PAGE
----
On Sept. 16, we launched a state-wide campaign committed to ridding Maryland’s public schools of military recruitment. We hope that our efforts in Maryland will inspire the rest of the nation!
Due to last year’s success in the state legislature, Maryland is now the only state in the union with a law that offers parents an opportunity to say that they do not want their child’s information sent to the military, through checking a box on the mandatory emergency information form (EIF) filled out by parents every year.
Thus, this year, for the first time, the names, addresses, and phone numbers of Maryland’s high school juniors and seniors won’t be included on lists furnished to the Pentagon for recruitment purposes. Pretty cool!
New Challenge with ASVAB
We almost succeeded last year in passing another bill, one that would have further protected the privacy of Maryland students. Many schools strongly encourage students to take a military test during school hours called the Armed Services Vocational Aptitude Battery (ASVAB). Even if parents check off on the EIF that they want their child’s privacy protected, when the child takes the ASVAB, the parents’ stated desires are circumvented. Children who take the ASVAB usually have all their personal information sent to military recruiters, and typically neither the children nor the parents realize this.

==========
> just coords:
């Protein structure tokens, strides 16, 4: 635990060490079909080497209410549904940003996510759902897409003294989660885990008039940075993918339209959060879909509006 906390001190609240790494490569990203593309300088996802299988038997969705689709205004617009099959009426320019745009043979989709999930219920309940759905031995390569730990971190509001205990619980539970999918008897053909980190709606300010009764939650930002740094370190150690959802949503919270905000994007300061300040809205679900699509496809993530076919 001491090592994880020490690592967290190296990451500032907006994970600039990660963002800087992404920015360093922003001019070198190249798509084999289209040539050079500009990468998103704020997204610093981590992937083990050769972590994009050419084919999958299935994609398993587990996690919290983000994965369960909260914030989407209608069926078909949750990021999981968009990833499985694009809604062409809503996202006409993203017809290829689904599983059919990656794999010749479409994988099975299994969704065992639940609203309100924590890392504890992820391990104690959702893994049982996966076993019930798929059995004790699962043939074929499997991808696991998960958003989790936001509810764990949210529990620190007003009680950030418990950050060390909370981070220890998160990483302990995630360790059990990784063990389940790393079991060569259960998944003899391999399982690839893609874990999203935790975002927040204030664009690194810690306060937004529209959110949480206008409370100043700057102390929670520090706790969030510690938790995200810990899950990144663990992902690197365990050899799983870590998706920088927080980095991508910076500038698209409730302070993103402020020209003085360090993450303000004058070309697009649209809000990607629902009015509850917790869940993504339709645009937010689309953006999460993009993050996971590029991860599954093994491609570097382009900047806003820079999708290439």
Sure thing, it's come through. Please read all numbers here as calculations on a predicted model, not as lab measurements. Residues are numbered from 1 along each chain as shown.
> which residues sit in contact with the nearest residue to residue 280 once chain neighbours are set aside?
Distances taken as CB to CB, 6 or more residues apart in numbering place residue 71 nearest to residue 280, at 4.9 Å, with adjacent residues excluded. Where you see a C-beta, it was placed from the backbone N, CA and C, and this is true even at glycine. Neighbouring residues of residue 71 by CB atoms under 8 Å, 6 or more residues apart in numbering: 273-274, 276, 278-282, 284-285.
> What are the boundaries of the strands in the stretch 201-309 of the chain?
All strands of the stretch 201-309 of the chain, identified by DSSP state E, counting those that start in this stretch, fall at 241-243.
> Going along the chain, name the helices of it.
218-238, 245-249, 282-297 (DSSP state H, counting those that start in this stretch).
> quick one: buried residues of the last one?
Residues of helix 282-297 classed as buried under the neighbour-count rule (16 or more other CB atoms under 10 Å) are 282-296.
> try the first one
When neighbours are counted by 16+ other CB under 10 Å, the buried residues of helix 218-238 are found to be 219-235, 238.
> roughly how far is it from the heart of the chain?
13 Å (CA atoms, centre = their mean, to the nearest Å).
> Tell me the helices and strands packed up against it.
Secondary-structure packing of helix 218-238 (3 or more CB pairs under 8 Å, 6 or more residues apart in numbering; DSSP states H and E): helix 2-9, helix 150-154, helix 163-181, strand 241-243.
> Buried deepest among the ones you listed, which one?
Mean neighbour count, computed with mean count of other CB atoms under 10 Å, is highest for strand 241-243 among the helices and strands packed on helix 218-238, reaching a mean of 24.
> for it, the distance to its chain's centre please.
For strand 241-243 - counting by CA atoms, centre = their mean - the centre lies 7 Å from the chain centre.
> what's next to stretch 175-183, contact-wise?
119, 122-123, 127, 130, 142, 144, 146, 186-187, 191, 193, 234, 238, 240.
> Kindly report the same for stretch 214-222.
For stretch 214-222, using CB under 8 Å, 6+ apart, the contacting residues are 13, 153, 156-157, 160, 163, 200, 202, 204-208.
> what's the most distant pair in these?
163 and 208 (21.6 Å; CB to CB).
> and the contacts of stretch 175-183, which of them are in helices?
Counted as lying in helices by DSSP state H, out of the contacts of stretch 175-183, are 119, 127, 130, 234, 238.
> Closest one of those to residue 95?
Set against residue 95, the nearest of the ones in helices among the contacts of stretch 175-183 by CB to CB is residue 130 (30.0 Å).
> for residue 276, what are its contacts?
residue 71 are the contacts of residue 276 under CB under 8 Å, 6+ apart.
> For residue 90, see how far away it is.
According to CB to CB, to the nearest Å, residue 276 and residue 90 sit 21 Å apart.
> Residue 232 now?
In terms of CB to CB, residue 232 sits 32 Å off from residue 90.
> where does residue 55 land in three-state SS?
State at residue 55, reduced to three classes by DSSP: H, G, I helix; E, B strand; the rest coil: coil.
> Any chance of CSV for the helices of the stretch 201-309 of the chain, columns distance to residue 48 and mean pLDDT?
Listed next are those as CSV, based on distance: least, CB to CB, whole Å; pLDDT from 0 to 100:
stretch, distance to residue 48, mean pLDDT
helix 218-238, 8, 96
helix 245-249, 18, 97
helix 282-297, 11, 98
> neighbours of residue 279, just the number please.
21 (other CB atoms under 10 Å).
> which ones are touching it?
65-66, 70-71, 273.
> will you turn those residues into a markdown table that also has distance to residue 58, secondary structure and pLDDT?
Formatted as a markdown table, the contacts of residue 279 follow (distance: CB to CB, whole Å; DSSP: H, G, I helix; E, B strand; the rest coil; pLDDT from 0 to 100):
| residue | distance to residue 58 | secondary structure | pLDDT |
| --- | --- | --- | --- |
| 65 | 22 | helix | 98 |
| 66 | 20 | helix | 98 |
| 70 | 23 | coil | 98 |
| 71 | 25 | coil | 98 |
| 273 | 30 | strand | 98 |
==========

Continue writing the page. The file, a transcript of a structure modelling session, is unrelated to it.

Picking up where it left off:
The bill we promoted last year would have prohibited the automatic release to the military of information on students who take the ASVAB, unless their parents consented. This bill passed the Maryland Senate before dying in a Maryland House committee.
While Montgomery and Prince Georges counties have already taken steps to disallow the ASVAB from being used as a recruitment tool without parental consent, students in other Maryland school districts are not protected. We plan to get our bill passed this year to ensure the right to privacy of all Maryland’s children–and to spur other states to do the same.
For more information, check out these Web sites: